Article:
ROUND ROCK—The “safe and suburban” Central Texas school district, located just outside of Austin, has been wracked with scandal for the past year as a superintendent under criminal investigation is protected by a school board majority actively working against district parents.
In the latest development of the ongoing saga, a state court has dismissed a lawsuit—with prejudice (meaning it cannot be appealed)—that requested the removal of pro-parent trustee Danielle Weston from the Round Rock ISD school board.
Weston, in a radio interview with Austin’s KLBJ, explained, “The frivolous lawsuit was filled with over a dozen bizarre complaints, everything from, you know, bribery—I think that was a favorite of all the accusations. He was citing political contributions.”
“The amount of money that has flowed to me as a political candidate because of what these people are doing here in our school district has really been concerning to those who are the allies of the other school board members—who have engaged in some problematic behavior, in my opinion,” said Weston of the aforementioned political contributions.
Last year, five school board members—Amy Weir, Jun Xiao, Amber Feller, Cory Vessa, and Tiffanie Harrison—rushed into hiring Hafedh Azaiez as superintendent in June despite objections from fellow trustees (Dr. Mary Bone and Danielle Weston) and citizens.
These five school board members, whom citizens dubbed the “Bad Faith Five,” have protected Azaiez through allegations of domestic abuse and criminal investigations into his behavior, which are ongoing despite some trustees’ claims.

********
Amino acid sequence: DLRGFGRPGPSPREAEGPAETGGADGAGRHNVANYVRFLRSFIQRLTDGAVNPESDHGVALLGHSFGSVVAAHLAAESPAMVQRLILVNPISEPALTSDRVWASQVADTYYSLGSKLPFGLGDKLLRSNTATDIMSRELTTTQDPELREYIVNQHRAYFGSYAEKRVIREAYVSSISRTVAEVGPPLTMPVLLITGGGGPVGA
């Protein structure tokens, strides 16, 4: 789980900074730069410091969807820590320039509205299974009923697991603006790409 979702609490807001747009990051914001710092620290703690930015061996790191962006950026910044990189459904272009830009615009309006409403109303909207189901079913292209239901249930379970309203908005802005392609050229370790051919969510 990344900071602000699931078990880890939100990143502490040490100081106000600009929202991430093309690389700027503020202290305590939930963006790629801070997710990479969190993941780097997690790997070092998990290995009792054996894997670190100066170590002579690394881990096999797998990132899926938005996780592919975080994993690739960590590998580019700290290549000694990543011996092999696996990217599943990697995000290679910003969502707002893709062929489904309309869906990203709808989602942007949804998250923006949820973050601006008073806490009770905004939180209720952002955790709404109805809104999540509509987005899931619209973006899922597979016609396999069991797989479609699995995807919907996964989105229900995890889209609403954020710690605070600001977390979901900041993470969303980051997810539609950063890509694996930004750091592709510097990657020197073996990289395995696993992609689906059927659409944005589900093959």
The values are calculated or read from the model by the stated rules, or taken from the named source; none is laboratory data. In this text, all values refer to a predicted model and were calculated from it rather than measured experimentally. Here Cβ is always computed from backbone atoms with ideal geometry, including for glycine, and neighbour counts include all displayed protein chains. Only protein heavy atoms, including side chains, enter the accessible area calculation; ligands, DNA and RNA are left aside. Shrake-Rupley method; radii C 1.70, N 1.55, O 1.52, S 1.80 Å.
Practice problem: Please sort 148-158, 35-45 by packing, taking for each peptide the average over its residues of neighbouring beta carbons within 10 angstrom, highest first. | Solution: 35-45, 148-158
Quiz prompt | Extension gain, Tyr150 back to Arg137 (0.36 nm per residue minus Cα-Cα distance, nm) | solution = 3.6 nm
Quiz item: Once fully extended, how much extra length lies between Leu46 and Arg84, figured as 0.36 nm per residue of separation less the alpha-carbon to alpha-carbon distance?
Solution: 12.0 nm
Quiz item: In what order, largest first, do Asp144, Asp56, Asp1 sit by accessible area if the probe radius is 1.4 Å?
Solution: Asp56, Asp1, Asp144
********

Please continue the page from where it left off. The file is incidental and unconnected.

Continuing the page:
On Wednesday, the 425th District Court in Williamson County dismissed the lawsuit against Weston and the request for her removal from the board.
“The Bad Faith Five have been repeatedly rejected by the courts in their efforts to harass Trustee Weston,” said Weston’s attorney, Tony McDonald. “They [Bad Faith Five] should stop wasting resources on legal squabbling and focus on serving RRISD students and families.”
“I believe that the school district and [the] majority of our board is so consumed with protecting the superintendent and trying to distract [the public],” says Weston, that the majority fails “to focus on meeting the educational needs of our students.”
Parents are reaching out to me in droves because they are not happy. They are not satisfied. They have lost confidence in the leadership of this school board. They are ready for change.
The lawsuit against Weston was filed by an activist in Tyler with connections to the board majority, and Weston contends, “The lawsuit was never about me. They knew they were never going to remove me from office. It was about generating negative headlines for one purpose, and that is to influence the upcoming Round Rock ISD school board elections.”
In November, trustees Weir, Feller, Harrison, and Vessa will be up for re-election. Xiao has resigned, and an interim board member will be appointed to fulfill the remainder of Xiao’s term until the November election.
Weston explained that several pro-parent candidates will be running in the November election to challenge the Bad Faith Five.